Ci-gît Pickle

Pickle, the dwarf hamster I had bought with Cédric almost three years ago, died the other day. We had a proper burial in the woods by the lakeside, involving a black cardboard box, a tiny white headstone, and candles. Pets are quite mysterious in some ways. They may not live very long, and it gives us the impression that we know much more about life than they do. And yet as we see them grow old and die, we realize what a lifespan entails. In a crucial sense, my hamster is now wiser than me because I don’t have a clue about death. Dear little Pickle, may you rest in peace.


January light

I find it tough, once Christmas is behind, to face a long stretch of winter, especially if it’s rainy and there’s no snow in sight. But on Sunday and Monday we’ve enjoyed sunny weather here in Geneva, with some warmth in the afternoon. I was even able to take my book and a cup of coffee (why do people stare?) to the jetty. Afterwards I went to the Parc de la Grange and contemplated the venerable trees that watch over the day’s activities. There’s something soothing to lakeside sites that we know have been inhabited for five or six thousand years, a reassuring presence. I like going to the Laténium in Hauterive, Yverdon’s stone alignment, and this park so close to where I live. I ponder how the ground retains the memory of it, even though we have all but forgotten.

Christmas glee

Each year I take pains wrapping all my presents in a chosen style, and this Christmas was no exception. I went for recycled paper, yellow ribbon, and an individualized Sukie sticker. It almost made up for the fact that I cannot for the life of me wrap items in a neat way – especially if their shape is anything but square – so that I need to distract whichever family member is being honoured from the parcel’s quasimodesque aspect. Gifts are, in turn, a way of distracting said family members from the various issues they take from their daily lives to the Christmas tree, and I believe that in spite of their aesthetic ambiguities, mine did a pretty good job.

Crows and ravens

People tend not to like them. Their sharp cries are perceived as disagreeable, their dark shapes as threatening, their mere presence as a nuisance. But surely, given how many recent book covers proudly display them, I can’t be the only one who is strangely but powerfully attracted to crows and ravens. I find them mysterious, clever, reassuring. Whenever I spot them – flying above streets, foraging in parks, or gathering at dusk – I know there is more to life than the human-made frame of reference which completely absorbs my attention most of the time. I walk around a street corner, hear a crow speak, see it land closeby, and suddenly become aware of a totally different take on reality.

ère Montet

You don’t always realize that things are old until they break, and it may take time before you even notice that they are no longer there. A few weeks ago, as I was getting ready to move to Geneva, I saw through the window of my parents’ house that a piece of our street sign was lying on the ground. I went out under the morning rain and casually took it home, hoping that the neighbours would fail to notice my illicit act of uncivility. I enjoy looking at it, although I’m not sure what “Derri” might signify on its own. One night, my brother and I subrepticiously attempted to steal the remaining part, but the screws were too old and rusty to give in to our efforts. The stubborn sign still stands there, in the street corner, proudly proclaiming: “ère Montet” – the Montet era.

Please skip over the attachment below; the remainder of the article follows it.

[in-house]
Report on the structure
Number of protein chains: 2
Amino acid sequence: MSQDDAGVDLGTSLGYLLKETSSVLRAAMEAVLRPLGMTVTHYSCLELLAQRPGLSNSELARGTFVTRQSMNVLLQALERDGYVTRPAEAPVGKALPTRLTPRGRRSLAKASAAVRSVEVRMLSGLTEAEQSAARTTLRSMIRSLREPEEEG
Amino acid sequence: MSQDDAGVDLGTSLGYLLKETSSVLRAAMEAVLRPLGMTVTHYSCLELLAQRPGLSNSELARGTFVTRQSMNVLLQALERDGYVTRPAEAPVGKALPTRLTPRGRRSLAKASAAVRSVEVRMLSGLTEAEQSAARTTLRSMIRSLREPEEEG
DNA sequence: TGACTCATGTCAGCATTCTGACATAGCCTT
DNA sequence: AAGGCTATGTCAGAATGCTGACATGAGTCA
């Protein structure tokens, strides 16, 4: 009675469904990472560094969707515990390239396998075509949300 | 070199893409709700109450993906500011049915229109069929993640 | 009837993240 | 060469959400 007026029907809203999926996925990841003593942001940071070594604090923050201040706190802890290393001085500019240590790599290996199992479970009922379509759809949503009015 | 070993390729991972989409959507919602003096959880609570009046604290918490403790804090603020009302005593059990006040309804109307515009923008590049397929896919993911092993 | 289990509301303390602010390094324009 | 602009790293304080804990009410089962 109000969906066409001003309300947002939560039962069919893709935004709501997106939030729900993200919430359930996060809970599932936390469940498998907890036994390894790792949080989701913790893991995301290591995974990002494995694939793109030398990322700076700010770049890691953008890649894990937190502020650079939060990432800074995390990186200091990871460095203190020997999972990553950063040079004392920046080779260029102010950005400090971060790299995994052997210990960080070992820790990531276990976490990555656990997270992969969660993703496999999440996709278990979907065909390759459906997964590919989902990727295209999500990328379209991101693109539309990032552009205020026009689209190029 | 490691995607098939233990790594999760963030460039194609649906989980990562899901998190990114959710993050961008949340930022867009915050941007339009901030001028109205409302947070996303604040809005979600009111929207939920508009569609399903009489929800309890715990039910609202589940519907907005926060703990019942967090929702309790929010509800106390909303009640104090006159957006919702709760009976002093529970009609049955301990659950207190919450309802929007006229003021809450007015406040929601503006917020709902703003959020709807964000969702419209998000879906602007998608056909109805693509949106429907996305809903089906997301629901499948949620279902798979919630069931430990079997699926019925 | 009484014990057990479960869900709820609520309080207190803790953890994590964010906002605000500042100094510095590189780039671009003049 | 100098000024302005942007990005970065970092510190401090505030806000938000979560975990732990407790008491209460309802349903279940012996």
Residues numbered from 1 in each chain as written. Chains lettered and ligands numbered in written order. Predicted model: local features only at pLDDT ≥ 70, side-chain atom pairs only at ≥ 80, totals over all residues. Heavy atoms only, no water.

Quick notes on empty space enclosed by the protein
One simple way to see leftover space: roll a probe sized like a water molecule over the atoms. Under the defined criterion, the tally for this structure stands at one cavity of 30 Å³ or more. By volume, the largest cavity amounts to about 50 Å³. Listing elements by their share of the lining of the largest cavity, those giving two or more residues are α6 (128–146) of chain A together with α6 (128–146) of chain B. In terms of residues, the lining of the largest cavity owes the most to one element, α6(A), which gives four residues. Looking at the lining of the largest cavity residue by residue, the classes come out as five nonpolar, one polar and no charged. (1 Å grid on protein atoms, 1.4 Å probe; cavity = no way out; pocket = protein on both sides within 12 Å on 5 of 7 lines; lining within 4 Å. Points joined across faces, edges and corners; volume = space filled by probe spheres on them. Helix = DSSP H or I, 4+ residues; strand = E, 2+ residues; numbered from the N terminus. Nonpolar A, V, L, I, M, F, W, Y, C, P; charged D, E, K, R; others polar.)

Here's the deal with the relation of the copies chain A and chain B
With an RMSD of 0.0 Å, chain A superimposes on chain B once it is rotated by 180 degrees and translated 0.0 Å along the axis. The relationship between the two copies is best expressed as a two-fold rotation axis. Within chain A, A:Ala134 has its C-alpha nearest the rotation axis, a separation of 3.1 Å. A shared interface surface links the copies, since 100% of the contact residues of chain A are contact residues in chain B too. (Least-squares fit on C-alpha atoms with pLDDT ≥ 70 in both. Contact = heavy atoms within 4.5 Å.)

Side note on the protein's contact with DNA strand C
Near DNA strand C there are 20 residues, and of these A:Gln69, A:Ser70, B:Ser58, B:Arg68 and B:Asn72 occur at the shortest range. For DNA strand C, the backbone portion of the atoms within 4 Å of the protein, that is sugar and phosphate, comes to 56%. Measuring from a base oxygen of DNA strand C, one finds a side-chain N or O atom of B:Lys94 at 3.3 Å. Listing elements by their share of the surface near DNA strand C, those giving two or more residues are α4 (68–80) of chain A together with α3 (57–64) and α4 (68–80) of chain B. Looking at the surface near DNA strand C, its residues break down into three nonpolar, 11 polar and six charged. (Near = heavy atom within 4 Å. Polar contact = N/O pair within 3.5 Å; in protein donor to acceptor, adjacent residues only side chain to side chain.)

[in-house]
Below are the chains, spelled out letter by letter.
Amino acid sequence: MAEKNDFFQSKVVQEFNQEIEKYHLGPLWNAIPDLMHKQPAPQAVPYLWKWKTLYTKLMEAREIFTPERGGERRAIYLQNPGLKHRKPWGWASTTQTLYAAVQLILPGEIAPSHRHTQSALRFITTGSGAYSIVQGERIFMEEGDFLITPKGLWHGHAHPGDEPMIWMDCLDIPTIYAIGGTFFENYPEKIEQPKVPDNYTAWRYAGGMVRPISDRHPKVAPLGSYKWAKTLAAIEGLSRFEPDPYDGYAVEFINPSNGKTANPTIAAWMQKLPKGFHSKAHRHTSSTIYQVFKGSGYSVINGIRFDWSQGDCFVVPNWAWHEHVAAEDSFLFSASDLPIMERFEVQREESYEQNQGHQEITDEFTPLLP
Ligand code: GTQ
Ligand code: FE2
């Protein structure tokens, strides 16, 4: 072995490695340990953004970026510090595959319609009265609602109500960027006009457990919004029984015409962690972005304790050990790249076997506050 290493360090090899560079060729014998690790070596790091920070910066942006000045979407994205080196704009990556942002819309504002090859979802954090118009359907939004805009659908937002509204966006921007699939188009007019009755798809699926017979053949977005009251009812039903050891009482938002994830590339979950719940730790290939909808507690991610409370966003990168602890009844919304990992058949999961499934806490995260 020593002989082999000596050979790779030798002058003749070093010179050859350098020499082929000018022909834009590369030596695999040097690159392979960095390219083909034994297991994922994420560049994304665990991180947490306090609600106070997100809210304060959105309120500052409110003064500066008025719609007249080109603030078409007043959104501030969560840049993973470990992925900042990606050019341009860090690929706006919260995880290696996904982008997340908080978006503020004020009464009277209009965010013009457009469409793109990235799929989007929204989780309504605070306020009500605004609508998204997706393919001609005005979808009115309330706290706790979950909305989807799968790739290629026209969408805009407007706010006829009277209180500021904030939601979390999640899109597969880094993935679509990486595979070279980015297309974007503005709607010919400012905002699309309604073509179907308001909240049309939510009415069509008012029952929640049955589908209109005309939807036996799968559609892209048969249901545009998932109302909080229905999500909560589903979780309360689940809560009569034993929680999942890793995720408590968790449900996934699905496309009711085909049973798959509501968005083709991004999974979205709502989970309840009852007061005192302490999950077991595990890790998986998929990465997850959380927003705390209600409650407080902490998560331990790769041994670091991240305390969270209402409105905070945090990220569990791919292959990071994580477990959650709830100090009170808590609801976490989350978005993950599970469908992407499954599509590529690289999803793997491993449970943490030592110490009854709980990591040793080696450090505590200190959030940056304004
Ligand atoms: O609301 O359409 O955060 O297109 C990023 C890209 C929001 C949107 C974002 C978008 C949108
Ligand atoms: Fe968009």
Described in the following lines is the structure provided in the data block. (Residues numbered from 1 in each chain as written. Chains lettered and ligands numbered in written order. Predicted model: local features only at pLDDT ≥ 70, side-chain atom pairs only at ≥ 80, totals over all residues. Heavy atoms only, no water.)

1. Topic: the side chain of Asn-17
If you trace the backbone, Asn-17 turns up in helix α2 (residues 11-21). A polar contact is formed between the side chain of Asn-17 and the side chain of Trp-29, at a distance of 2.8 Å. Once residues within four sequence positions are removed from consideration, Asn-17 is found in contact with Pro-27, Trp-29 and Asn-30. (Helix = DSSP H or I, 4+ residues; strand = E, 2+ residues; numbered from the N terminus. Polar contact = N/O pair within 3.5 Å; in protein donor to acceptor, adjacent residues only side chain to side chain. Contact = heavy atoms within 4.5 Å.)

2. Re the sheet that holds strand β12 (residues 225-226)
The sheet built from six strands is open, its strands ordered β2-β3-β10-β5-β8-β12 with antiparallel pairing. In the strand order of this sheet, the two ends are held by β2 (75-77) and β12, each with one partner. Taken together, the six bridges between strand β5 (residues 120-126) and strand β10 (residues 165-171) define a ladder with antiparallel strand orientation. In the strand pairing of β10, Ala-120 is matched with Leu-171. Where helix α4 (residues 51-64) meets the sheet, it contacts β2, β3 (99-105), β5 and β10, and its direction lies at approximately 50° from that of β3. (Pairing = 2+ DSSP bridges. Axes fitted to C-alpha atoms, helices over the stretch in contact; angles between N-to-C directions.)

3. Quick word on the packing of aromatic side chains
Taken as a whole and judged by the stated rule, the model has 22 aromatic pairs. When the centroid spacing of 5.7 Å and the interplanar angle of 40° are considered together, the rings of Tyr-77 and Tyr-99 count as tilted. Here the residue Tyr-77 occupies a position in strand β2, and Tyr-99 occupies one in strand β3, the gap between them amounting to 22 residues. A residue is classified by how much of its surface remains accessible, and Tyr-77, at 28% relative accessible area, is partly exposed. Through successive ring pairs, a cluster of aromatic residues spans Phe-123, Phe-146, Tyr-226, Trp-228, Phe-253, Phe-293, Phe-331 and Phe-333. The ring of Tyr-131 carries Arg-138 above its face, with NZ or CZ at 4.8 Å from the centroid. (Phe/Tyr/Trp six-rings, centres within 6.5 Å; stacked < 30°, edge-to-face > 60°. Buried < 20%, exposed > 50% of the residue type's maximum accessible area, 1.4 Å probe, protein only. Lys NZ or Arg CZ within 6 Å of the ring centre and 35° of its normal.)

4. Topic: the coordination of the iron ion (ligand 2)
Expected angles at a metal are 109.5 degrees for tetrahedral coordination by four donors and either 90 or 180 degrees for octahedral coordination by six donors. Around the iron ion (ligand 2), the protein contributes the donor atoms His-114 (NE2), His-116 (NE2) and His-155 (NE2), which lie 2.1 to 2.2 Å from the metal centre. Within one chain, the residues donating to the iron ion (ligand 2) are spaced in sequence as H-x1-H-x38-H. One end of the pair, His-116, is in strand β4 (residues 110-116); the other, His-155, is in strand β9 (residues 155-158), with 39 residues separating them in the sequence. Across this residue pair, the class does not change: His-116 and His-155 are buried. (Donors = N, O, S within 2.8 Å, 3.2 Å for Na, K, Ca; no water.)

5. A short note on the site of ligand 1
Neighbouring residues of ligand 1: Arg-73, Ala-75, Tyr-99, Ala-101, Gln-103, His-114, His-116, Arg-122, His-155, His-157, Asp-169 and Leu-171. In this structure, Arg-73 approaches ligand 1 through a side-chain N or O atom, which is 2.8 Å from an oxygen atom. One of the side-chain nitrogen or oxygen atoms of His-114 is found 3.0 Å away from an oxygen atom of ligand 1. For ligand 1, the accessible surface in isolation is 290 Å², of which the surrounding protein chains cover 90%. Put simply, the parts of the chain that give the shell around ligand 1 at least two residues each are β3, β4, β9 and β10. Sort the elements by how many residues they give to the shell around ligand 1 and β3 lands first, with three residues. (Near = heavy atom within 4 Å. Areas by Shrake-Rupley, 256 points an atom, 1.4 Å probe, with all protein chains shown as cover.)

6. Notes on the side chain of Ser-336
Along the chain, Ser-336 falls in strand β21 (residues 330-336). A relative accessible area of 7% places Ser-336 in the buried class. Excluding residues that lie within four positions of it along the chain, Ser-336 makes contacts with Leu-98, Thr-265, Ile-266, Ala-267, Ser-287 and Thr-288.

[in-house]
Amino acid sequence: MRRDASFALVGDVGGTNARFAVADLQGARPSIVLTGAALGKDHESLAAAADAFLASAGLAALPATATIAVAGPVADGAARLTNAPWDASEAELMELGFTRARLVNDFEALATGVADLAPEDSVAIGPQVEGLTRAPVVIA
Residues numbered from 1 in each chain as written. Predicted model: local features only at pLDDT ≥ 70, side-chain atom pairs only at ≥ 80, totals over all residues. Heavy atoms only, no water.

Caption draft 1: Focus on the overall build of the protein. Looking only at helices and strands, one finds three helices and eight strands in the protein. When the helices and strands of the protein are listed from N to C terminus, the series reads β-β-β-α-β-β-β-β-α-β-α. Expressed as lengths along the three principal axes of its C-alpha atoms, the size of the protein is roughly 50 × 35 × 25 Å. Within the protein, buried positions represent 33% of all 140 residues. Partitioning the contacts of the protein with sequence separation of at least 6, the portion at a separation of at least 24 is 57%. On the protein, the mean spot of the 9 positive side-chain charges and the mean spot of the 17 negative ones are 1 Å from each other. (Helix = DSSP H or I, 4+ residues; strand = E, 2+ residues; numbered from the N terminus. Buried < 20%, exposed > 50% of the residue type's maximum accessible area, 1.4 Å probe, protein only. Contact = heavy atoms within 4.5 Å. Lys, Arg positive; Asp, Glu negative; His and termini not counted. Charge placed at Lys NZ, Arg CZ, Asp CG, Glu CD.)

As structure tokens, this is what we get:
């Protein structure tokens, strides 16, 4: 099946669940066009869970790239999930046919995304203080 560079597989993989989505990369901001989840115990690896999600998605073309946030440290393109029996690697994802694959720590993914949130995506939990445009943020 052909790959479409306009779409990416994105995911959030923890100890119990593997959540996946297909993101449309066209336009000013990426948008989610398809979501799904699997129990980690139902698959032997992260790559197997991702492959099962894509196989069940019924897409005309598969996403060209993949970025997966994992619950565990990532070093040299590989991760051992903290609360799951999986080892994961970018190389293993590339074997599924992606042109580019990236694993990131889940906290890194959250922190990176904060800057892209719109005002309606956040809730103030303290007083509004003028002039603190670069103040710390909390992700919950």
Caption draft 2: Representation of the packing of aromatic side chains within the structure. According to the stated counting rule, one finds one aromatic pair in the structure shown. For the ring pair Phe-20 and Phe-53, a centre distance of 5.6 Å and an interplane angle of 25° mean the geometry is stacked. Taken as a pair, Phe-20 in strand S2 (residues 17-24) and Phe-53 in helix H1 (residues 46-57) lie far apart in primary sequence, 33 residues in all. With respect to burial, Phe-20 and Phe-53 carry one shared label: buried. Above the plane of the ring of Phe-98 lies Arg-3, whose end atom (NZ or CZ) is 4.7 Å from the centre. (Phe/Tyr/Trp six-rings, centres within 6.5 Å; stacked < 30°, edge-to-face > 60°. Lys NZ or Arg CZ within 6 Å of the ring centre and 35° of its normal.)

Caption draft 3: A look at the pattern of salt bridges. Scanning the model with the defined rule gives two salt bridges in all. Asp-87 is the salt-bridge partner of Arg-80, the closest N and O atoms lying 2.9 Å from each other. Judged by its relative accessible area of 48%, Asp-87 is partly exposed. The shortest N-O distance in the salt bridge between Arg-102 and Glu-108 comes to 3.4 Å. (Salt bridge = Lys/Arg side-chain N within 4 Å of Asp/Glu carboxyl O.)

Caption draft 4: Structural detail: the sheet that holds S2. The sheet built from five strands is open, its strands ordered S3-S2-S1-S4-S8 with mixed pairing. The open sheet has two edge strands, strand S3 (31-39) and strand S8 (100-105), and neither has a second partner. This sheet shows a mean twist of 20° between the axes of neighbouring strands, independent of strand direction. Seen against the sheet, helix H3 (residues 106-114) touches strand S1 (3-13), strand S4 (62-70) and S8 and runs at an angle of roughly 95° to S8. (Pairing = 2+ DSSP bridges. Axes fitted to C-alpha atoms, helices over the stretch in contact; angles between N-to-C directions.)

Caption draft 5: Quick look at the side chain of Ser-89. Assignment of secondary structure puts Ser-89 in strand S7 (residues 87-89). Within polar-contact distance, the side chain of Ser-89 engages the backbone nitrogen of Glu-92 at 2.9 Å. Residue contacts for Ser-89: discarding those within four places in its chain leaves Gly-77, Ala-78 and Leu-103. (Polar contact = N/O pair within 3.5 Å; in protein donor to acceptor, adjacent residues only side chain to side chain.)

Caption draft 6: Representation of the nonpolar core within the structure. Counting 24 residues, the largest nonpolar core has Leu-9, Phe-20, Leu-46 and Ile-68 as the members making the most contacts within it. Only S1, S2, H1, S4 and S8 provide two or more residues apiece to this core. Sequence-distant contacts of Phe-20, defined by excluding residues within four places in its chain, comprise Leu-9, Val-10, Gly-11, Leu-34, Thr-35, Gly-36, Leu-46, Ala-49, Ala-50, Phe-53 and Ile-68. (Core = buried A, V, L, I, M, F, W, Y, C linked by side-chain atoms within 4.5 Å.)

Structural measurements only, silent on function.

Product placement

I bought these snow-white Urban Ears headphones to celebrate the end of my probation period at Berlitz and the confirmation that I would get the uni job. At first the idea was simply to listen to podcasts on my way home from work without letting the clamour of cars and people quell the soundtrack, but progressively a new field of possibilities made itself known. I can share music. I can hide the voice of my Skype correspondent from a nosy landlady. I can put the end of the string in my pocket and not only will it drown loud noises out, people will refrain from addressing me thinking I must be absorbed in something important. Amazing. And have I mentioned style? If connecting very large headphones to a tiny iPod is counterproductive, one might as well choose a funky version of the former and accessorize. My only concern is that they may not remain white for very long.

Celtic escape

Over the last few months I visited a number of exhibitions and sites related to Celtic culture in the three lakes region. Though I haven’t yet acquired my own dagger and sickle, I’m considering building a mud hut with thatched roof under the trees somewhere. You know it’s time to move on when 1) there still isn’t space for you in the fridge after two months and you have to smuggle your stuff into a corner 2) your host keeps things in your room that she regularly has to come and get 3) she tends to forget you live there so you have to lock the door 4) her contractors use your toilet and you’re asked to clean it 5) in fact she doesn’t even share her own bathroom with her boyfriend, so yours is open to the whole community 6) when you’re away for the week-end she has guests sleep in your bed 7) she thinks she knows what you want or need much better than you ever will 8.) you find her crying over her journal in the kitchen 9) she uses you as an audience for her biased monologues 10) you told yourself: “well, at least I love the garden” but then she had trees cut down and you can’t even build your mud house close to the pond anymore.